Vertical silent auction displays without using acrylic stands

I’ve written before about silent auction displays, and mentioned that vertical displays are key to a good display.  

But if you don’t like the look of acrylic stands, or you have more manpower than financial power, here are some silent auction ideas for other vertical display options.

Option 1: Oversized Vertical Silent Auction Displays
silent auction displays Inova

Oversized vertical silent auction display

The following displays were made out of a posterboard-type material. 

In speaking with the staff, I learned that the hospital foundation auction team (3 people) fabricated and glued a stand (also made of posterboard type of material) to the back of each posterboard to ensure it would stand on the table.

silent auction displays Inova closeup

Here’s a close-up of that oversized display.

The dimensions were oversized, so much so that the 8.5″ X 11″ description (on white paper) looks small compared to the display on which it was secured.  The description was glued or taped to the stand. 

It was tres elegant. 

Plus guests found it easy to read as they walked by because the font and display were large.

 

Option 2: Standard-Size Vertical Silent Auction Displays
silent auction displays HCH

This was a standard-sized display, 8.5″ x 11″

Like the oversized option, this group used heavier paper to create each vertical display.

The paper came with an attached prop on the back which folded out (similar to a photo frame).

They secured the description to the paper frame, and it was ready to be displayed on the tables.

The first year they used these, they had a sign maker (I think it was Signs By Tomorrow) make these displays.  In following years, they’ve ripped off the white display paper and glued a new one to the front.  You’d want to use a less adhesive glue, like rubber cement.

silent auction displays HCH closeup

You can more easily see the back of these displays in this photo.

They’ve held up pretty well and served the organization for several years now. 

As you might imagine, they’re also easier to store because they are lighter in weight than acrylic stands.

 

 

Option 3: Half-sized Vertical Silent Auction Displays
silent auction displays CCW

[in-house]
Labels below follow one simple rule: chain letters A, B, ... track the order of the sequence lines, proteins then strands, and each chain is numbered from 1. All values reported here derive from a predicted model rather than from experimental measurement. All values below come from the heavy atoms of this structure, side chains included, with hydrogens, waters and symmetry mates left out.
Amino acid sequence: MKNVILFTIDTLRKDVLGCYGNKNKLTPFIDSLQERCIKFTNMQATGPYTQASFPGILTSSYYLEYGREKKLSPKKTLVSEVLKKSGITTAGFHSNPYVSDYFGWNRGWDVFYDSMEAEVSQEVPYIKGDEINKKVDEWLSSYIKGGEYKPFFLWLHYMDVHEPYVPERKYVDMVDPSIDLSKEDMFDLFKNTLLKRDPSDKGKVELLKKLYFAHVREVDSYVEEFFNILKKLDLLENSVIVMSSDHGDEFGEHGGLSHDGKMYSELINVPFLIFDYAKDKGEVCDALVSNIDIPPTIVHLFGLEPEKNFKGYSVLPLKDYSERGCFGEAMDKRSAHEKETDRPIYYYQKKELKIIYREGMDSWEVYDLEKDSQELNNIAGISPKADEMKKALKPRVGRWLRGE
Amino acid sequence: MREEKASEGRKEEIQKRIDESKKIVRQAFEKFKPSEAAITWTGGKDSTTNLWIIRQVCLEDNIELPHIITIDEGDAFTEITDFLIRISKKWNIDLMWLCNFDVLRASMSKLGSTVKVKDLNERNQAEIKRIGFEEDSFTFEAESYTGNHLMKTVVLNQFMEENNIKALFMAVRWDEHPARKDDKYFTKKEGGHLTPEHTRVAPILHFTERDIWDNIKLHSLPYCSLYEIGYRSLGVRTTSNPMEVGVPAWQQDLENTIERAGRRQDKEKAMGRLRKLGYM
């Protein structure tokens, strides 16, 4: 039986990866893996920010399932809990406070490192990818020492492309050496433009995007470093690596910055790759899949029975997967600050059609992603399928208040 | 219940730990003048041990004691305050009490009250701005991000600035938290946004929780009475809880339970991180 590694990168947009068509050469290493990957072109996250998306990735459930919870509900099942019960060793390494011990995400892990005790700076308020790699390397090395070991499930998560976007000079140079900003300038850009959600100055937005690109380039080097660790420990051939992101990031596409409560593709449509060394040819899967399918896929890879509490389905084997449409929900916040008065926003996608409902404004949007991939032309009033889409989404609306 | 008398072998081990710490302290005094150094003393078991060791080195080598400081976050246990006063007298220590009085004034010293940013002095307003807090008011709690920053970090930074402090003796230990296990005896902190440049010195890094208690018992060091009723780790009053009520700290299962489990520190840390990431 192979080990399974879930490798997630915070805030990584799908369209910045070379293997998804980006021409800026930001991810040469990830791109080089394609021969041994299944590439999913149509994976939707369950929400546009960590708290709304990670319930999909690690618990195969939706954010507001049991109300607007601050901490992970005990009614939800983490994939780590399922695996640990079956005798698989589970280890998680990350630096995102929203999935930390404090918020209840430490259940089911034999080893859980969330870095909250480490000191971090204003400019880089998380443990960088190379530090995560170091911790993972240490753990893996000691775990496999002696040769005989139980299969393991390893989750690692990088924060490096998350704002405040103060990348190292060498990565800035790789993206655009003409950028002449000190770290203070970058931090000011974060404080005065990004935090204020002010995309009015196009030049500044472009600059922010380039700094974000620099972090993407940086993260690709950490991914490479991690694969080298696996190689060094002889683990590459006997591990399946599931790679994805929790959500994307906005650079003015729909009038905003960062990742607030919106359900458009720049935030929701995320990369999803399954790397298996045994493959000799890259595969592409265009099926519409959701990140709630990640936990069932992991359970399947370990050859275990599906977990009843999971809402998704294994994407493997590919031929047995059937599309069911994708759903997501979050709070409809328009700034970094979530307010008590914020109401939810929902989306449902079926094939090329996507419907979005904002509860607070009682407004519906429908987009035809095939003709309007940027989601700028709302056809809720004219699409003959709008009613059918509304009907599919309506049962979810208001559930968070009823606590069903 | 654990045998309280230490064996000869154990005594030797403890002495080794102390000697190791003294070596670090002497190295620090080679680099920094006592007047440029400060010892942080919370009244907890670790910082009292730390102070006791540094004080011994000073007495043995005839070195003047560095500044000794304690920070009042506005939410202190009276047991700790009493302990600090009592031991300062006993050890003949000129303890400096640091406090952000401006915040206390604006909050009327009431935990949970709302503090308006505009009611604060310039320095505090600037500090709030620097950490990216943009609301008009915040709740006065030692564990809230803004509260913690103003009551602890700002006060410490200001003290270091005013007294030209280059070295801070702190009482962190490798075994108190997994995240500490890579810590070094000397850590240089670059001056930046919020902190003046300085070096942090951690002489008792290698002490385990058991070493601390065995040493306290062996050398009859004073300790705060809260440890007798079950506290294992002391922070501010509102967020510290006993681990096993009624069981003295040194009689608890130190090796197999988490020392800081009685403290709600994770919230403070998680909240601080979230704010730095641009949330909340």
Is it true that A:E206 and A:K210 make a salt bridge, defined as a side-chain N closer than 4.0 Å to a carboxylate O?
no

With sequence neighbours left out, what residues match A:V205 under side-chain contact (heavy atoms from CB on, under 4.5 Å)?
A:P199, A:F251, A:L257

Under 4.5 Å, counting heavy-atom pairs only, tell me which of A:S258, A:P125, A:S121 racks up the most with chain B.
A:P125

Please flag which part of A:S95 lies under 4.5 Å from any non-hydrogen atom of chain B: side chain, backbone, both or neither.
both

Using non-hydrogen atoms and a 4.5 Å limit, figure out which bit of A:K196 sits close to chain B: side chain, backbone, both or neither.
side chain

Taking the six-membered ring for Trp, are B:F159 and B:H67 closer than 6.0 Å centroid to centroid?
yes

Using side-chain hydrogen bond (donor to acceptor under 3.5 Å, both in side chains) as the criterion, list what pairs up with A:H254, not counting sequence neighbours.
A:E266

The construction paper used as a backing is black, but you could use any color.

Fold a standard 8.5″ X 11″ construction paper sheet in half. Now you’ve got a ready-to-stand vertical sheet.

You’ll print your descriptive title in large, easy-to-read font on a white piece of paper and attach it to the construction paper.  A small piece of double-sided sticky tape works well.

With a half-sheet display, the full description of the item (with restrictions) will likely need to be printed on the bid sheet as the size of the half-sheet display isn’t large enough to accommodate much verbiage.  You can help guests by being clear in the description.  “A romantic weekend stay” title isn’t as helpful as “Two weekend nights at the Ritz.”

If you want to color-code your auction, it’s easy to do so by using different colors of construction paper.

For more ways to improve your auction (and specifically, the amount of money you actually raise), enjoy a complementary subscription of “Benefit Auction Ideas.” Every other Tuesday, you’ll be treated to a new idea, like how to get guests to arrive on time  … or how to change the mindset of your guests so they treat your auction like a fundraiser instead of a place to buy things on the cheap … and how to make the auction’s operations — like check-out or catalog development — easier. Thousands of auction volunteers tell me they save every issue and read them again as they plan their gala.  Learn more here.

 

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About Sherry Truhlar

Charity auction educator and onstage auctioneer, helping schools and nonprofits across the USA plan more profitable benefit auctions. Her galas raise $15,000 to $2 million each and she’s sold at events with crowds up to 1200. A prolific writer for her own blog and other fundraising sites, her advice is tapped by thousands of auction planners seeking to improve their benefit auctions. She’s been covered in Town & Country Magazine, The Washington Post Magazine, Auctioneer, and other publications.

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